Uptake of minimally invasive surgery for early stage colorectal cancer and its effect on survival: A population-based study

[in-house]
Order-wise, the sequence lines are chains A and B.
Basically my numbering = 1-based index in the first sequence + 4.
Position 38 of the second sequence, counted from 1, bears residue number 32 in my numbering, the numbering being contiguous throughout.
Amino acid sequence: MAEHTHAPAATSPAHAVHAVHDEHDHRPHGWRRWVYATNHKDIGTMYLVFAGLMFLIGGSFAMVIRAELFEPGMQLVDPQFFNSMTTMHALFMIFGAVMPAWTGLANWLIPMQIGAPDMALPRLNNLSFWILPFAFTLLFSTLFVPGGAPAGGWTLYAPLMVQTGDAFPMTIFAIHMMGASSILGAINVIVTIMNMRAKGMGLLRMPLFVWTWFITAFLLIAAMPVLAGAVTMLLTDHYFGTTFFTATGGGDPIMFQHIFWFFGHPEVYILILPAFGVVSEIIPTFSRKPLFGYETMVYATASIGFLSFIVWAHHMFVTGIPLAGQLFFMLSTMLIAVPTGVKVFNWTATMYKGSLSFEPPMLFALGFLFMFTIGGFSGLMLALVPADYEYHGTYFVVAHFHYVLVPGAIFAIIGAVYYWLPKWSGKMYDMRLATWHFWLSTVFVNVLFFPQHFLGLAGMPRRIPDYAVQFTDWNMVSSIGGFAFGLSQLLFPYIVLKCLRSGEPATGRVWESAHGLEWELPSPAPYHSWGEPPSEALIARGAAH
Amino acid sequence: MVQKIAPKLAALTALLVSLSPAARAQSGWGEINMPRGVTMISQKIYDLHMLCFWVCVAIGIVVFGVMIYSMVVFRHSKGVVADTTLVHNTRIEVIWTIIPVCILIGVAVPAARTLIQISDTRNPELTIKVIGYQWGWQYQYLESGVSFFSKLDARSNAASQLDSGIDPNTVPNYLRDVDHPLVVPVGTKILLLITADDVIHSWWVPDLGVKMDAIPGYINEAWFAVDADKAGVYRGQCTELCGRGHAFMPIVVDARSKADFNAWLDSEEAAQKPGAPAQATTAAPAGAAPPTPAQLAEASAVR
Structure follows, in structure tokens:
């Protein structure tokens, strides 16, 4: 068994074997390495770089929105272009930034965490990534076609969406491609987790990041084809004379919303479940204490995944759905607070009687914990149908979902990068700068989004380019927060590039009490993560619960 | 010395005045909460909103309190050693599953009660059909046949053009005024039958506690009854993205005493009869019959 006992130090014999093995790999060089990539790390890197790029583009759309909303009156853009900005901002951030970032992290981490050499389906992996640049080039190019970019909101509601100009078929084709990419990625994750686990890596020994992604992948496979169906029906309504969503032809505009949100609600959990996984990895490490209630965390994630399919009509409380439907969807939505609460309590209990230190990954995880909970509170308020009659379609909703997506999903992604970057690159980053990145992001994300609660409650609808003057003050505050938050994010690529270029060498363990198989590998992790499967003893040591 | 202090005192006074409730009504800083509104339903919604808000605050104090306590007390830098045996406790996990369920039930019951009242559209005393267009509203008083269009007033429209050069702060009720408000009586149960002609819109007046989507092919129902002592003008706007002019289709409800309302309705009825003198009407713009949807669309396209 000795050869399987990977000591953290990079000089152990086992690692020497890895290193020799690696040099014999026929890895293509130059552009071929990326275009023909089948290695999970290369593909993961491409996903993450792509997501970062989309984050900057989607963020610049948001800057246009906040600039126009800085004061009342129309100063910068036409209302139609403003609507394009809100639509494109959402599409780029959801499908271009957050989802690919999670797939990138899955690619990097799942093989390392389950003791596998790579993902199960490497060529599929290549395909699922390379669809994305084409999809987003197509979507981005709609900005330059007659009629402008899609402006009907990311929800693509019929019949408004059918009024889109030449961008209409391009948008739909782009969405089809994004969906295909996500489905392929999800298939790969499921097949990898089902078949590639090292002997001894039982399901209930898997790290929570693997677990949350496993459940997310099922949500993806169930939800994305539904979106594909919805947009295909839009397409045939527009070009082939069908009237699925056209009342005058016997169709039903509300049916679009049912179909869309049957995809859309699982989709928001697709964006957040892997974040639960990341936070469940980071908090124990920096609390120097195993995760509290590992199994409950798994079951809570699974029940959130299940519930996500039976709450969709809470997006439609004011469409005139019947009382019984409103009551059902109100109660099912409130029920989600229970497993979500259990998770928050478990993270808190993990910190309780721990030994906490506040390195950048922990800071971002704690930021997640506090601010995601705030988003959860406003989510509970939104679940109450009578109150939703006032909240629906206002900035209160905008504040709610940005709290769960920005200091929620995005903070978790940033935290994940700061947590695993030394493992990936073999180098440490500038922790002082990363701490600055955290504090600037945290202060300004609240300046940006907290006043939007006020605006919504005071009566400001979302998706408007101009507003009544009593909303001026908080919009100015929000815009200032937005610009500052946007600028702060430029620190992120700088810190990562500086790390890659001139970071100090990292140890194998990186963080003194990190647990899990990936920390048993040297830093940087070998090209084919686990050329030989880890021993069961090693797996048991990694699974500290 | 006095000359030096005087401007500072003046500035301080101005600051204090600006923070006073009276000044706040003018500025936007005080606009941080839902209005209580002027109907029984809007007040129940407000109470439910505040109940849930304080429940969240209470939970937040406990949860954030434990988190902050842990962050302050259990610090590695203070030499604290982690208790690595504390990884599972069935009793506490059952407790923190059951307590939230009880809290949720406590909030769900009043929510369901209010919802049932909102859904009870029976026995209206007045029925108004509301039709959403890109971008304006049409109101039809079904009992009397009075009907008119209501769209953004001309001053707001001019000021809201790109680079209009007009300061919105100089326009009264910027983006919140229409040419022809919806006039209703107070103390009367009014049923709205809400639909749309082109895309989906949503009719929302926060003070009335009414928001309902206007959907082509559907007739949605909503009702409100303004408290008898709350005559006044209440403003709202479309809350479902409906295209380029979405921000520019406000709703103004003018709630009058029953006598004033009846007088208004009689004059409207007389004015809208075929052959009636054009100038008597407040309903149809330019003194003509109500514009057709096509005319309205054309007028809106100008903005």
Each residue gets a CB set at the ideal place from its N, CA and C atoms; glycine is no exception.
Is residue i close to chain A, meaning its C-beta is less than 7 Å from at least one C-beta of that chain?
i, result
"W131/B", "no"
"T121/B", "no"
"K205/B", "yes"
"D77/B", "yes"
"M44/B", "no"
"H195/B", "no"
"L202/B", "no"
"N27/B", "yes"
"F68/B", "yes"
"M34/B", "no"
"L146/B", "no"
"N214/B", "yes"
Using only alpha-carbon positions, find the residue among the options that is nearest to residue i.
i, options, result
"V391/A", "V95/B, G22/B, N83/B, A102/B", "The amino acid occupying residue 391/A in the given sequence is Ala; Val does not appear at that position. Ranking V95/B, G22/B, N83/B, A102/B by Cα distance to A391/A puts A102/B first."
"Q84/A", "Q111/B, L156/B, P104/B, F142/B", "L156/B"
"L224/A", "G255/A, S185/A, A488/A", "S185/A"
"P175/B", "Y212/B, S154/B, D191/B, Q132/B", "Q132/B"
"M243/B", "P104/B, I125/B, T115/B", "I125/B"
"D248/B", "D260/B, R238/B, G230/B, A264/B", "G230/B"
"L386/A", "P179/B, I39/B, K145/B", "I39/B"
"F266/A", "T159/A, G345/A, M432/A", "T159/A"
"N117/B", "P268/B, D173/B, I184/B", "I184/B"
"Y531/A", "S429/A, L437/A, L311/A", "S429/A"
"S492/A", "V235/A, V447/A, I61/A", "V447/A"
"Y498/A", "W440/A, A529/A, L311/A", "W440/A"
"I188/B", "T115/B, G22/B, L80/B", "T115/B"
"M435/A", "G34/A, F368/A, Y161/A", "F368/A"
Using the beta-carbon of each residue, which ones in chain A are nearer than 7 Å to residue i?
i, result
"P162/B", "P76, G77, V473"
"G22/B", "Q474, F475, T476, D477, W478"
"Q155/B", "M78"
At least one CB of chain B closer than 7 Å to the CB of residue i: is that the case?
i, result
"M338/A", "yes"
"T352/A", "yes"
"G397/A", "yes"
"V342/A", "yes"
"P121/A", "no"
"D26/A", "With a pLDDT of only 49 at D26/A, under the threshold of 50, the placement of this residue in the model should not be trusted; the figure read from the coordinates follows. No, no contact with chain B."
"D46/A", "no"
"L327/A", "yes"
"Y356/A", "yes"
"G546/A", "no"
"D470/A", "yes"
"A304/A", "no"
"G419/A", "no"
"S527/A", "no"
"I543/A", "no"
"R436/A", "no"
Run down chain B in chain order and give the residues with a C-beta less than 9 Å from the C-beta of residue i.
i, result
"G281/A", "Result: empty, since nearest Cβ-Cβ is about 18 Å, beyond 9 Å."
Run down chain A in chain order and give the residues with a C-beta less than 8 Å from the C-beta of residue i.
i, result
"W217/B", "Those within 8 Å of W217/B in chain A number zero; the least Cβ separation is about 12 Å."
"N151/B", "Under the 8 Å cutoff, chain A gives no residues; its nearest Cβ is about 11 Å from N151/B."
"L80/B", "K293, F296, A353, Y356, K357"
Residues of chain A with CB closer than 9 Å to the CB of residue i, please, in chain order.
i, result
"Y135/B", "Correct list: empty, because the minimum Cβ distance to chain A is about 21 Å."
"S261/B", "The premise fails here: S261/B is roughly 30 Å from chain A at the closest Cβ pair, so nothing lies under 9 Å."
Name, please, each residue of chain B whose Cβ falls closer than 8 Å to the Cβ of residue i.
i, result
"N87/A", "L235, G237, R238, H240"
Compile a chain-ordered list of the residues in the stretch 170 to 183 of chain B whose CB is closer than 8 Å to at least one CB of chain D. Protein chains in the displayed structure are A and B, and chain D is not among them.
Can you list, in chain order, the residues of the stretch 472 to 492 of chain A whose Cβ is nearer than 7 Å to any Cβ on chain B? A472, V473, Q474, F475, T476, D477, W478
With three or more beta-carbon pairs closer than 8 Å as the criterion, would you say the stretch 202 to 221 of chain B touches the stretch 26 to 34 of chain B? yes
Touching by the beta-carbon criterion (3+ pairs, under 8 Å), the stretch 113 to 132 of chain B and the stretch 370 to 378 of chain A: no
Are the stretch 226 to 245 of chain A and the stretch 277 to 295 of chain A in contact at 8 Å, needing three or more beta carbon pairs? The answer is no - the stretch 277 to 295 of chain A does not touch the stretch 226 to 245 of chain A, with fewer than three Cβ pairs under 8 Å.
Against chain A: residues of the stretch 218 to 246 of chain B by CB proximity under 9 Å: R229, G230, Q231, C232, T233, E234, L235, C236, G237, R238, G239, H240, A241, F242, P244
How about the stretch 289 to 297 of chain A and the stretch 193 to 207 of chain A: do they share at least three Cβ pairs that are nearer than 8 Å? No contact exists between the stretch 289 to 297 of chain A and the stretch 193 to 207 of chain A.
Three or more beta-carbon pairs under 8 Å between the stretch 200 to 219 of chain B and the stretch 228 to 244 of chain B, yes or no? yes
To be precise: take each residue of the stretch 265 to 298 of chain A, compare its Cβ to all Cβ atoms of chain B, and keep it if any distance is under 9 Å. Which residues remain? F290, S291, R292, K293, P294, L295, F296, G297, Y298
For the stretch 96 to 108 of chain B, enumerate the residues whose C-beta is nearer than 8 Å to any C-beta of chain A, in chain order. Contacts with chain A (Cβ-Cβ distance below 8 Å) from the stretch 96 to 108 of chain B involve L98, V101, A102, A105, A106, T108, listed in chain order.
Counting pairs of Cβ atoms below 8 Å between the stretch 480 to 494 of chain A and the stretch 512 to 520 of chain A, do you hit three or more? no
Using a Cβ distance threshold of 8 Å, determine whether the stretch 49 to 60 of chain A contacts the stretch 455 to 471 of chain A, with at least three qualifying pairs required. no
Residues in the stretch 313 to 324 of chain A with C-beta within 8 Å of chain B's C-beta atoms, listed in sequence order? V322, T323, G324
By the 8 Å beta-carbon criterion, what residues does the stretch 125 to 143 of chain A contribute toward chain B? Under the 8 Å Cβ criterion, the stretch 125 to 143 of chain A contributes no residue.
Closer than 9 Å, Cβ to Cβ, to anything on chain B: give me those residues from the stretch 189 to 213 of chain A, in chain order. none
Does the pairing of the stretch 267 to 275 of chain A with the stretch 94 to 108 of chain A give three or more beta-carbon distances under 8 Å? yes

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PURPOSE: The uptake of minimally invasive surgery (MIS) for colorectal cancer (CRC) varies between jurisdictions. We aimed to identify the factors associated with the uptake of MIS for early-stage CRC and its oncologic outcomes in the Canadian province of Ontario. METHODS: This study includes all patients with CRC in Ontario from 2007 to 2017. A logistic regression analysis was used to identify the predictors of MIS and a flexible parametric survival model to estimate survival rates based on MIS versus open surgery. RESULTS: In total, 14,675 patients with CRC were identified of which 29.5% had MIS resections. The likelihood of undergoing MIS decreased with age, disease stage, and distance to the regional cancer center, and increased with year of diagnosis. The likelihood of mortality for MIS was significantly lower compared to open surgery (p < 0.001). In terms of survival, MIS was most beneficial to older patients with stage II disease, despite their lower likelihood of receiving MIS. CONCLUSIONS: Despite the lower uptake of MIS among older patients and patients with stage II disease, these patients had the greatest long-term survival benefit from MIS. This suggests further use of laparoscopy to patient populations that are often excluded.
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